Heinkel He-219, Night Fighter
Research is by;
Sir Ernie Hamilton Boyette
Aviation Art Store
Heinkel He-219A, 1/72 Scale, Revell
Retail Price $20.95; Your Cost $17.00
If you like to build scale models of your favorite Luftwaffe night fighters then do not forget to visit our Hobby Shoppe.
Sir Hamilton's Hobby Shoppe, Luftwaffe Night Fighter Models.
A classic photo of the Heinkel He-219 Night-Fighter.
The Luftwaffe had been encountering British bomber raids for a year and a half before the need for new night fighter to be developed. After the conversion of Messerschmitt Me-110's, Junkers Ju-88, Donier Do-17 and the heavier Do-217 the experts came to the conclusion to build a night-fighter from scratch. The design of the 219 had been drawn out in several different wing, fuselage and stabilizer configurations even though it was not yet classified as the Uhu or "Owl." It was at the time just one of many different types of concepts that were coming hard and fast from the Heinkel design team including Heinkel himself.
The idea was first rejected in August 1940 as being to expensive and complex. The engineer working on the design was Robert Lusser. Designated as the P.1055 it was unusual in appearance because of the concepts integrated into the overall design. First the cabin was moved to the front of the aircraft and it was fitted with a nose wheel giving the pilot complete visibility both on the ground and in the air. The fighter also had a pressurized cabin and the first operational ejector seats.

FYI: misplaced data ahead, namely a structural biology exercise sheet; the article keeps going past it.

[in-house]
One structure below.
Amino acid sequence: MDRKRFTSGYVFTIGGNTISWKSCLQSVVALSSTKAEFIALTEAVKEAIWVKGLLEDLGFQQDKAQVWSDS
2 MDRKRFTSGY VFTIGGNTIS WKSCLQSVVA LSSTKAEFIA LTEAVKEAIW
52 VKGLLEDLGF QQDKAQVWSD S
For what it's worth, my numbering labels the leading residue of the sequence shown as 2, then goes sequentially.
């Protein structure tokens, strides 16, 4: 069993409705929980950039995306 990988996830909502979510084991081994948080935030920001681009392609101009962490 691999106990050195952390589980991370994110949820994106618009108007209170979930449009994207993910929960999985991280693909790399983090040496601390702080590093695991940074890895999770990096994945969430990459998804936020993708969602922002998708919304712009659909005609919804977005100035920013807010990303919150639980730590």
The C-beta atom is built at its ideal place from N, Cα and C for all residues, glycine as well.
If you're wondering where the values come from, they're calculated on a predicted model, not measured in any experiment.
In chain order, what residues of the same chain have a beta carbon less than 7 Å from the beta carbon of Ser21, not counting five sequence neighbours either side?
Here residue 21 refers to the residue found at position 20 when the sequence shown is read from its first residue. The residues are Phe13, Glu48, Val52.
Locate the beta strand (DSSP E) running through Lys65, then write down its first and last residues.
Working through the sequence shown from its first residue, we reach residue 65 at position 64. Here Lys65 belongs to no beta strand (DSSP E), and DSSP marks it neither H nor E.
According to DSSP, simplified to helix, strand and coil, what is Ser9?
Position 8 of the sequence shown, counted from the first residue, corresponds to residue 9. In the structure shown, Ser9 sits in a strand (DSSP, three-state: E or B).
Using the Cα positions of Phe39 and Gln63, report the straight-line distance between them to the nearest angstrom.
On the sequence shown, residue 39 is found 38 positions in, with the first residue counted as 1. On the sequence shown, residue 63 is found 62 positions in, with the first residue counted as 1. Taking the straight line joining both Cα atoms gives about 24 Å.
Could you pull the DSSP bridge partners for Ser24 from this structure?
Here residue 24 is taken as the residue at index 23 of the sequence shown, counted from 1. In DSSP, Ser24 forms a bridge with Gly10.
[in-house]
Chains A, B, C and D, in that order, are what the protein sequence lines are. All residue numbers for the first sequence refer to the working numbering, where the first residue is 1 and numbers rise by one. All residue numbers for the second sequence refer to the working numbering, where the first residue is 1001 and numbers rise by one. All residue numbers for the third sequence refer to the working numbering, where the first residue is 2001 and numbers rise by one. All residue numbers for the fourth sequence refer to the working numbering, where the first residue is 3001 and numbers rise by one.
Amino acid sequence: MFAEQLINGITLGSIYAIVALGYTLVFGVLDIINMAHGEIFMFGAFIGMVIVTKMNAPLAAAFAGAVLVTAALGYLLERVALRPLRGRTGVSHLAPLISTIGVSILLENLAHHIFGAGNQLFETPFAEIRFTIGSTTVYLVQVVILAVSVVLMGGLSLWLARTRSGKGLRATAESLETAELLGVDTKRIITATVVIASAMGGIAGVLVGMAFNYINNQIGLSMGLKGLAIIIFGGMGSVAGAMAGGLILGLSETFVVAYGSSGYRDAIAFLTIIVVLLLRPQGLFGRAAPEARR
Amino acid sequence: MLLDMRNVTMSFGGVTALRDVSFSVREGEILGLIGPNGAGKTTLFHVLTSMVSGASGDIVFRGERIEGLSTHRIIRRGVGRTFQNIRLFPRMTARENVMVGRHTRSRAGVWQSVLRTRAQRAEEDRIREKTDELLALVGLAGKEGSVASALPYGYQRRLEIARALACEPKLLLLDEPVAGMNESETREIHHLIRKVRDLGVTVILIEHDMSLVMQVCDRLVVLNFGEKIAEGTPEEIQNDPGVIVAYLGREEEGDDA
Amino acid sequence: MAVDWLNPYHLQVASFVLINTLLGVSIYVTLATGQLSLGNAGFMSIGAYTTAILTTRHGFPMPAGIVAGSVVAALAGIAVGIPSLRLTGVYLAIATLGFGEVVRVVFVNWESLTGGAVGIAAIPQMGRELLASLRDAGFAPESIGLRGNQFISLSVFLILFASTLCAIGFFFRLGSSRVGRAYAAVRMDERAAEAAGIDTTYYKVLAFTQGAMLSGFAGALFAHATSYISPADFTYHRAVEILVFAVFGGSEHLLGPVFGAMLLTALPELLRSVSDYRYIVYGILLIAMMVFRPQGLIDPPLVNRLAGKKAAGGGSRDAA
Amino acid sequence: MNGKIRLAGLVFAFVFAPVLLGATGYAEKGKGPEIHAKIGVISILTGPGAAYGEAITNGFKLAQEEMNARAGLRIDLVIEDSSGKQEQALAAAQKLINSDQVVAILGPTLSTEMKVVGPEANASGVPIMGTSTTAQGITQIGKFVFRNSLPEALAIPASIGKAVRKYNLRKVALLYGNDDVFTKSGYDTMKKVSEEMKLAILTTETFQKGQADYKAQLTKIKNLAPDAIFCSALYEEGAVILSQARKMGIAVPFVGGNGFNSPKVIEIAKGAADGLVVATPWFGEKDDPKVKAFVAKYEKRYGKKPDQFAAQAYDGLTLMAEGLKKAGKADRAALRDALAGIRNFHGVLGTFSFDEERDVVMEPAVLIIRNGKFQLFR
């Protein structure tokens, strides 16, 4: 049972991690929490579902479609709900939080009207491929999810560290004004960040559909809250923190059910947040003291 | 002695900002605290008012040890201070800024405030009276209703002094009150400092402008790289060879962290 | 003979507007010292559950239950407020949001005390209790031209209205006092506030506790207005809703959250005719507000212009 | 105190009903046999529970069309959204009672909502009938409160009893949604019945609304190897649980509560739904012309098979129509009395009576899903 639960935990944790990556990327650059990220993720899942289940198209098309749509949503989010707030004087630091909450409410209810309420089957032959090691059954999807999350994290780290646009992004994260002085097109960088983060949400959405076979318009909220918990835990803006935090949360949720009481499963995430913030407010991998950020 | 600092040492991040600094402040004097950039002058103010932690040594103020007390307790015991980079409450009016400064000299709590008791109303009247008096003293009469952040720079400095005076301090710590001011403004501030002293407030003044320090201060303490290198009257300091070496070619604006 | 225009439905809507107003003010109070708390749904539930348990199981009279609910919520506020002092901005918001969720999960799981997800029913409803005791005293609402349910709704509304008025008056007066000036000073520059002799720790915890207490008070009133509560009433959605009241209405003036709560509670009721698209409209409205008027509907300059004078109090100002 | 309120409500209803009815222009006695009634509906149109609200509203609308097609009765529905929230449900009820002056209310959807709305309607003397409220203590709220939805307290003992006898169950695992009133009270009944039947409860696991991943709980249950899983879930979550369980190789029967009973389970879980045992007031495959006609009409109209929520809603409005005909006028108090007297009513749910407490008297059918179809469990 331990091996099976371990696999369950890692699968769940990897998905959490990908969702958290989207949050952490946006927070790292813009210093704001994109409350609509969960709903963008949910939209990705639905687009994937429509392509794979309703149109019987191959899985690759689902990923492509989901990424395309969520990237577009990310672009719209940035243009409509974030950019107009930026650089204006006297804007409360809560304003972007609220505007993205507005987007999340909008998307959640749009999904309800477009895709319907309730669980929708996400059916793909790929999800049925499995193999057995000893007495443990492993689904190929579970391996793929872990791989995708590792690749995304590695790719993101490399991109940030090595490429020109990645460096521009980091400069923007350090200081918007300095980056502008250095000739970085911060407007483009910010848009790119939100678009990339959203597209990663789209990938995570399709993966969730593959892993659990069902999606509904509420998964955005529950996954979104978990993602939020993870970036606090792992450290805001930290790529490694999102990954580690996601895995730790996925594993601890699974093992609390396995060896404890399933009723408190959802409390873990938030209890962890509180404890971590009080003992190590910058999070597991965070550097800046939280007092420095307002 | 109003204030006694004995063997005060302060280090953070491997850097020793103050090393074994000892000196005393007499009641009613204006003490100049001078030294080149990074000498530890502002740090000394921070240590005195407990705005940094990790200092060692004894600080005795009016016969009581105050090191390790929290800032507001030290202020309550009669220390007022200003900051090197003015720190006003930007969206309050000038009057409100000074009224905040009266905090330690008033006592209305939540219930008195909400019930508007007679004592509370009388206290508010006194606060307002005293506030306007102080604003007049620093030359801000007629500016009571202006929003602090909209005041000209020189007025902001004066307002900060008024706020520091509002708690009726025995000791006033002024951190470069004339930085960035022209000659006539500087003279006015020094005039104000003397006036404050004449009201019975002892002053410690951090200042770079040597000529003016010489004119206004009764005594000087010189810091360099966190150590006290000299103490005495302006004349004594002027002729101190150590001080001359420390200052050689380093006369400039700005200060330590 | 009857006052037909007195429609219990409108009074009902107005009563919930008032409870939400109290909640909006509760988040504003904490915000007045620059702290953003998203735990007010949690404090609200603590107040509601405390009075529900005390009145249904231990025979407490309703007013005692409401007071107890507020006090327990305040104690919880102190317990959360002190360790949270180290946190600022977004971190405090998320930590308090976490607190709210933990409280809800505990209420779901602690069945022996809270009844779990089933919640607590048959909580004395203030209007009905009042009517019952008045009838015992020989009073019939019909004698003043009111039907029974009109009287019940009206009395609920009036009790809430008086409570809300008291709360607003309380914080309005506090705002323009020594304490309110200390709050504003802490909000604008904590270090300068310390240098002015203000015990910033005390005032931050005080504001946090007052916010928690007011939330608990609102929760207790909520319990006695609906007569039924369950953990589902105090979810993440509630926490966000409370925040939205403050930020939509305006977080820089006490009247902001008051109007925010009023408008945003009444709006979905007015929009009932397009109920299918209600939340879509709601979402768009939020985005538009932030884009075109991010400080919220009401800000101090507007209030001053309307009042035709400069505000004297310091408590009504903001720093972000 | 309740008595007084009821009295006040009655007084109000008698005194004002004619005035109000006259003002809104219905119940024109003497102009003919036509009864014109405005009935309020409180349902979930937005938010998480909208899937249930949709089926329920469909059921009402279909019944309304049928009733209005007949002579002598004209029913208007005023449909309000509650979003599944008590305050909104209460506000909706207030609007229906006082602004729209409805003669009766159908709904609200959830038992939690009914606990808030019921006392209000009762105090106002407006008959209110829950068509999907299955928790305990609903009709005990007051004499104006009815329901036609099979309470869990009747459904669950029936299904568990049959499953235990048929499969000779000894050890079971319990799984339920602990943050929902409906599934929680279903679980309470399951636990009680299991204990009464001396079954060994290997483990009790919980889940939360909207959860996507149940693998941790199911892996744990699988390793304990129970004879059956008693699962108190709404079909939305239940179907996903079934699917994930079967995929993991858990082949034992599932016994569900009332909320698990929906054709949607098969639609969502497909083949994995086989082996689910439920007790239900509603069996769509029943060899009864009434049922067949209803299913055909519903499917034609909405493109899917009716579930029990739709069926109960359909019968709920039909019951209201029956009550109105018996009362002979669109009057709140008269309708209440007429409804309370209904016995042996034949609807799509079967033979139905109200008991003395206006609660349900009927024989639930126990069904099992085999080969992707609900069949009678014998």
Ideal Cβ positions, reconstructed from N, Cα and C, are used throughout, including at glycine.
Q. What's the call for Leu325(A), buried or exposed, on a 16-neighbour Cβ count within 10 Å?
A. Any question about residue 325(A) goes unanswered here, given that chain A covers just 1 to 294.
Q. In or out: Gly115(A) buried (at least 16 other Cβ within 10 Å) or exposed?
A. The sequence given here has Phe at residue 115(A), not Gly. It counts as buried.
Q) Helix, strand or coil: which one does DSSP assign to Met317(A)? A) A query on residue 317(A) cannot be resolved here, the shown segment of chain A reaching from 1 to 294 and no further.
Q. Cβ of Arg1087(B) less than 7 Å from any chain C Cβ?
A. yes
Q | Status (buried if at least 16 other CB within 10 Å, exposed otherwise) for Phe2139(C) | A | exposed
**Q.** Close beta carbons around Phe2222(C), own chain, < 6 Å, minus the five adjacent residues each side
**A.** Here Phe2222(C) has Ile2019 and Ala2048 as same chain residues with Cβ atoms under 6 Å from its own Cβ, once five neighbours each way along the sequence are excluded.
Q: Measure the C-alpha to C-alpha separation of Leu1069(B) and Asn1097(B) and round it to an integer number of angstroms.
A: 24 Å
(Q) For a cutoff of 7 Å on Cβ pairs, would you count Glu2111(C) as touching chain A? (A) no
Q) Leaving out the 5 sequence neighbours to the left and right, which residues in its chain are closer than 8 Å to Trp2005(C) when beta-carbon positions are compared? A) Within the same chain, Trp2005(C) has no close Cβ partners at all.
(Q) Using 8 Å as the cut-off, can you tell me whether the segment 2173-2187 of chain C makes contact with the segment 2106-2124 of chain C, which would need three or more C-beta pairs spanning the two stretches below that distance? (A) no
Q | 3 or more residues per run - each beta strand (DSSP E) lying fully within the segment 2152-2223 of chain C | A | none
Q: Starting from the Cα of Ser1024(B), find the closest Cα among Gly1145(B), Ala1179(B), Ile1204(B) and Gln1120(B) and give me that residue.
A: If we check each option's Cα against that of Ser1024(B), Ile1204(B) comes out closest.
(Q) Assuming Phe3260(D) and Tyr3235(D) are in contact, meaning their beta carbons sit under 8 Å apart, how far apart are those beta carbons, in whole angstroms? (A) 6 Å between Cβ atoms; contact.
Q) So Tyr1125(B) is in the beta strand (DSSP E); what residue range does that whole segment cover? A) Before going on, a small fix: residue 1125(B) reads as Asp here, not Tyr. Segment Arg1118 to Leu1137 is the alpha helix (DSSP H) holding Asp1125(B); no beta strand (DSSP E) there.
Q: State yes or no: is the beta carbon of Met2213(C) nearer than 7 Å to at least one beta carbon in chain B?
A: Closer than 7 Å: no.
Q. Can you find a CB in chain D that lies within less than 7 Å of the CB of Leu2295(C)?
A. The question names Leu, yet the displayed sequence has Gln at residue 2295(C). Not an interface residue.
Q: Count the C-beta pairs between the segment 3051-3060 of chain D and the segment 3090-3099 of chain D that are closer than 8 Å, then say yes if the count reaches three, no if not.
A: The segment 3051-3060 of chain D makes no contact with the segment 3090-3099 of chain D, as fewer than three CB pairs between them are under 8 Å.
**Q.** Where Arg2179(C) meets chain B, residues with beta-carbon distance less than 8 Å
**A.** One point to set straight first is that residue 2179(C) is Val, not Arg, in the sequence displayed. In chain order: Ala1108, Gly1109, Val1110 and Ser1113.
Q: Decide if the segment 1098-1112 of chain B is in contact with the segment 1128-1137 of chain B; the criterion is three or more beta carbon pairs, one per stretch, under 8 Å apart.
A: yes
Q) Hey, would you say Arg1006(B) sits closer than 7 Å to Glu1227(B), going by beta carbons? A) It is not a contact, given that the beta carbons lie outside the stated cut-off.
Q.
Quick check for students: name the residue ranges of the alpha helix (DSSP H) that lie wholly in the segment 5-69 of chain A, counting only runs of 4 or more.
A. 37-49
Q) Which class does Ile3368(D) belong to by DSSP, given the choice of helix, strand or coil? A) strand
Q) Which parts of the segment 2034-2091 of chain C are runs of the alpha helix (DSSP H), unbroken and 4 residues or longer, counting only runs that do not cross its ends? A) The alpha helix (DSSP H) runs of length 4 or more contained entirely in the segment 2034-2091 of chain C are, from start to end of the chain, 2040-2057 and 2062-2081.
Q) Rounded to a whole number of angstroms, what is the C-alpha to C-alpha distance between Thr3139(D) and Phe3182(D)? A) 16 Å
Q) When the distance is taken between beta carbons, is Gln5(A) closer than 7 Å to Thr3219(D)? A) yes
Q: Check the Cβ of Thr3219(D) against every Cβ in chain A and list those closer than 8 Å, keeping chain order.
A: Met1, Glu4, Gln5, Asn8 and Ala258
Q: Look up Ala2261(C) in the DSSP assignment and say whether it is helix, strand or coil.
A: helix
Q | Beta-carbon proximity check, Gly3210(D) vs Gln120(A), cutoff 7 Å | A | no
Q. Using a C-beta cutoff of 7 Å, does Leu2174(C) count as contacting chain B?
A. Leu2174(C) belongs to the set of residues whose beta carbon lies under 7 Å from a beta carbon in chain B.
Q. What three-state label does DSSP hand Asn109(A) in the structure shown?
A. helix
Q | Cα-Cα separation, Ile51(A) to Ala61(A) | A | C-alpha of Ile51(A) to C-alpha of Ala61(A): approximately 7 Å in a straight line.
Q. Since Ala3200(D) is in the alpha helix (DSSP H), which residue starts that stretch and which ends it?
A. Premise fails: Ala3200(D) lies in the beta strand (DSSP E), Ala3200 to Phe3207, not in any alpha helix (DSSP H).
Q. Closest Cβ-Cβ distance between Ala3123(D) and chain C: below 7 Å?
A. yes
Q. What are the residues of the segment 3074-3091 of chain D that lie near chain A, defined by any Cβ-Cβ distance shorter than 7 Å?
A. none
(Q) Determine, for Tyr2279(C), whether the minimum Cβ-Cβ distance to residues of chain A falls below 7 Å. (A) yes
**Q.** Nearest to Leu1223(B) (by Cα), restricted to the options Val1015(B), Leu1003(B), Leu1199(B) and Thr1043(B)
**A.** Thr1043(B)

Because of the rejection Lusser redesigned the fighter offering four different versions of the original variant. The RLM again turned down all four designs. For some reason Heinkel was furious and fired Lusser.
The need for the design was still pressing so Heinkel took over the designs that Lusser had been working on and scaled down the size and engines giving the fighter a new designation as the P.1060. Heinkel worked the new design to a point that he was so sure that the fighter would be successful that he built the first proto-type out of his company funds. They say he built it out of his own pocket but we all know that almost never happens especially if you own your own aircraft manufacturing plant. If Heinkel was a shoe salesman and paid with his own money for Heinkel to design and build the proto type then the salesman did in fact pay for the construction "out of his pocket."
Anyway, what happened was when the Night-Fighter Commander personally went to Heinkel' s plant and saw the finished product he was so taken that he over rode his original decision to reject the fighter back in the beginning of the year. This decision infuriated Erhard Milch who had made the decision in the beginning of the year with Josef Kammhuber who was the commander of the night-fighters. Both men rejected the design but after seeing the fighter their minds did change even though Milch just had to act like a little "ass."